Too Late to Save Most Coral Reefs?

Unless governments adopt much more aggressive targets for cuts in greenhouse gas (GHG) emissions, 70% of coral reefs will suffer long-term damage by 2030, resulting in devastating consequences for biological diversity, the seafood supply and coastline protection, says new research published in Nature.

Coral reefs are vital nurseries and habitats for up to 33% of all oceans species, explains the World Conservation Union. Seafood is a primary source of protein for more than a billion of the poorest people in the world, and reefs are crucial for protecting coastal regions from storms.

Rising ocean temperatures are pushing many fish into deeper and colder waters towards the poles and away from the tropics, while increased acidity is threatening habitats such as coral reefs and the future of shellfish like oysters, clams and mussels, says Oceana in its new report, Ocean-Based Food Security Threatened in a High CO2 World.

Even a 2°C rise in temperature is too much for existing coral reefs to bear, according to the data published in Nature.

Based on current projections by Climate Action Tracker, the atmosphere is likely to heat up an average of 3-4°C before then.

"Despite the inclusion of optimistic scenarios concerning rates of evolutionary adaptation, our results confirm that coral reef ecosystems face considerable challenges under even an ambitious mitigation scenario that constrains global warming to 1.5°C above pre-industrial temperatures," say the researchers.

"Our projections suggest that most coral reefs will experience extensive degradation over the next few decades given the present behaviour of corals to thermal stress. To protect at least 50% of the coral reef cells, global mean temperature change would have to be limited to 1.2°C (1.1–1.4°C), especially given the lack of evidence that corals can evolve significantly on decadal timescales and under continually escalating thermal stress. There is little doubt from our analysis that coral reefs will no longer be prominent within coastal ecosystems if global average temperatures exceed 2°C above the pre-industrial period," write the researchers.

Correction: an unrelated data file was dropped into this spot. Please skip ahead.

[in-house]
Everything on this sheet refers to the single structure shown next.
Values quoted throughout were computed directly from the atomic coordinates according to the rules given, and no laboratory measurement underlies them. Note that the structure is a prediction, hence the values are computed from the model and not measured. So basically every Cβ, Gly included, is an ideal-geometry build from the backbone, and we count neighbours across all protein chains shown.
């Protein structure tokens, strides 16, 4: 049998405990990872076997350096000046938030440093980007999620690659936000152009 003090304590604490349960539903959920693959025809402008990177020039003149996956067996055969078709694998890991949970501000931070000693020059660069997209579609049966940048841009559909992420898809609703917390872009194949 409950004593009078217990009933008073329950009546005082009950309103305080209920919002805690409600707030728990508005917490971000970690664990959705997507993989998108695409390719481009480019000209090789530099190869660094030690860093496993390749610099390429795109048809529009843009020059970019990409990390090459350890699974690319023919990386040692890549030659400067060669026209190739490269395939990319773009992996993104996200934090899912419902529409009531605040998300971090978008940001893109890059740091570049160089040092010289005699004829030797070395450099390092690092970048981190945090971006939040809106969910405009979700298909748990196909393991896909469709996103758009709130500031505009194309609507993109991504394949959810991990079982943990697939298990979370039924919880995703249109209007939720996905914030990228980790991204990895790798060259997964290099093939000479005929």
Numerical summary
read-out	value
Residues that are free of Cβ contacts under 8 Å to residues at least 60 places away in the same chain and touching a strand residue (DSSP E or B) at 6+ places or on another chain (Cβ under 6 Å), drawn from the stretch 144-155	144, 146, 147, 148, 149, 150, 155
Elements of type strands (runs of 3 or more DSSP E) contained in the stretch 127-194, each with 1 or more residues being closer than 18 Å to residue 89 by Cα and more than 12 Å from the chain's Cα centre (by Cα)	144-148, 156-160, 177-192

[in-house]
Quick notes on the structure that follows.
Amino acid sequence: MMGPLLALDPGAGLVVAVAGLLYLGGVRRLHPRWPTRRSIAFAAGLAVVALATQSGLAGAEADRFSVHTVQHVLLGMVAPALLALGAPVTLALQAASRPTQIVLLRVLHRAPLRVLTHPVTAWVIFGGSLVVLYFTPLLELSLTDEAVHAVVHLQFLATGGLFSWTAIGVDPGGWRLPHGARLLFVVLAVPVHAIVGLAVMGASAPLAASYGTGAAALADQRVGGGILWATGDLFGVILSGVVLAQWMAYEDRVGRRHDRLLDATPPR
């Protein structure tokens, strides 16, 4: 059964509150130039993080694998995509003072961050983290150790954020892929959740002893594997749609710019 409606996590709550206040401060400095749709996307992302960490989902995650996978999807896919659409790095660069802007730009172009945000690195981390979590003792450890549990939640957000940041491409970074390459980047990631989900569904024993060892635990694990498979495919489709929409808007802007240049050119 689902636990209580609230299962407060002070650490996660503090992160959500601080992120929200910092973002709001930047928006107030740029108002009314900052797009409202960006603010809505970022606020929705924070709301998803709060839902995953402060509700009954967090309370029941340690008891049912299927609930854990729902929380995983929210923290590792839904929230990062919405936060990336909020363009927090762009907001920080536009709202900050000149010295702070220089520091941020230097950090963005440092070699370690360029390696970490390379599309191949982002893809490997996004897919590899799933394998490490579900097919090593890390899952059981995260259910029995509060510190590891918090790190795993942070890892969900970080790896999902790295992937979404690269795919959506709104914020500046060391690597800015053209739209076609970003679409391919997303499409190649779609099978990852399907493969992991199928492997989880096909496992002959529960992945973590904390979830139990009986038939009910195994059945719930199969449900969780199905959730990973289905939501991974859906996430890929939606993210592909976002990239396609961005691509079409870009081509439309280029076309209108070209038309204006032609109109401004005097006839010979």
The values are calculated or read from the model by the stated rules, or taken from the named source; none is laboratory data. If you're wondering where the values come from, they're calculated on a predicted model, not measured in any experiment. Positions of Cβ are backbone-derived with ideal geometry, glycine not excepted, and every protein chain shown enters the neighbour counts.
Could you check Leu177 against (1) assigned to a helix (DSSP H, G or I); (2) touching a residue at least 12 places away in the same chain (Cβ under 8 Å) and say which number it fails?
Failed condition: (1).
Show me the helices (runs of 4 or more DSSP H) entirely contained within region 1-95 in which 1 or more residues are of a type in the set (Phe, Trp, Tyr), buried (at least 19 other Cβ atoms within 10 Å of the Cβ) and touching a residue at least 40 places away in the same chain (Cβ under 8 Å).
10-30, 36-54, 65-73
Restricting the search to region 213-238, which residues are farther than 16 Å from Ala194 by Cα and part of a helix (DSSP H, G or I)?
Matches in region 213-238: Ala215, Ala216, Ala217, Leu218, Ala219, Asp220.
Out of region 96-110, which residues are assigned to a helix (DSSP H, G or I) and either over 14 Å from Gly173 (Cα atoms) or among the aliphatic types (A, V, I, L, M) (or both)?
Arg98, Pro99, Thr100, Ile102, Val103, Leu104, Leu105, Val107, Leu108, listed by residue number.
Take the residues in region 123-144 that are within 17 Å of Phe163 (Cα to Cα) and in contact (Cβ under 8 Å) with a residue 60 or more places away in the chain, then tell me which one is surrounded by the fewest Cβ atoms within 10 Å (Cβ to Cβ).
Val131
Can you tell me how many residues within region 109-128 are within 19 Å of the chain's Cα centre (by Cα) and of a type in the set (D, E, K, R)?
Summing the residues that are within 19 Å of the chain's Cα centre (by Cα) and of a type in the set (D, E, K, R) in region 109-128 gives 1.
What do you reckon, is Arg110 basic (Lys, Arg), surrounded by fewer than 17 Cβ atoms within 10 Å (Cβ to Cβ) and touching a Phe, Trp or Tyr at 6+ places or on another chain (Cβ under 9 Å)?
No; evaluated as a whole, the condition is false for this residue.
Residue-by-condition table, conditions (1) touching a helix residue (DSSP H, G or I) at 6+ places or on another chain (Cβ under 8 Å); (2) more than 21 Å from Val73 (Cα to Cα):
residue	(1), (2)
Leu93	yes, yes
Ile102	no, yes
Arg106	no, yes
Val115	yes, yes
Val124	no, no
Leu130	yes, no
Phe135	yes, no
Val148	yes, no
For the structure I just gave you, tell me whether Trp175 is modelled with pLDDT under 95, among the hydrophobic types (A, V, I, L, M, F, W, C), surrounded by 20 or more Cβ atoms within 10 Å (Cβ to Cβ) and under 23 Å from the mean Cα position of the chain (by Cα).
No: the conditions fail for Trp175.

Coral is actually fairly adaptive over time, say the scientists who authored the report. It can survive prolonged heat, but higher acid levels in oceans around the world are reducing coral thermal tolerance. GHG emissions have thus far been mostly absorbed by the world’s oceans – which are now saturated – and are 30% more acidic than baseline levels.

The rise in greenhouse gases has led to much more dramatic temperature rise than scientific models anticipated, despite a commitment by the countries attending the 2010 United Nations climate meeting in Cancun, Mexico to limit global temperature increases below 2°C.

“It’s very important to get people motivated to do their fair share,” Malte Meinshausen, from the School of Earth Sciences at the University of Melbourne, and one of the report’s co-authors, told Inter Press Service. “A strong international agreement is essential if we’re to have any hope of getting emissions low enough.”

Aong with their calls for more pollution and climate regulation to address the world’s warming oceans, researchers are also accelerating reef conservation projects. 

For example, scientists are harvesting coral eggs and sperm from sites in Hawaii, Australia and the Caribbean with an eye toward restoring and rebuilding reefs damaged reefs. And scientists from Scotland are testing robotics technology in the form of coral bots to help repair damaged deepwater corals.

For more about the link between rising temperatures and coral degradation:

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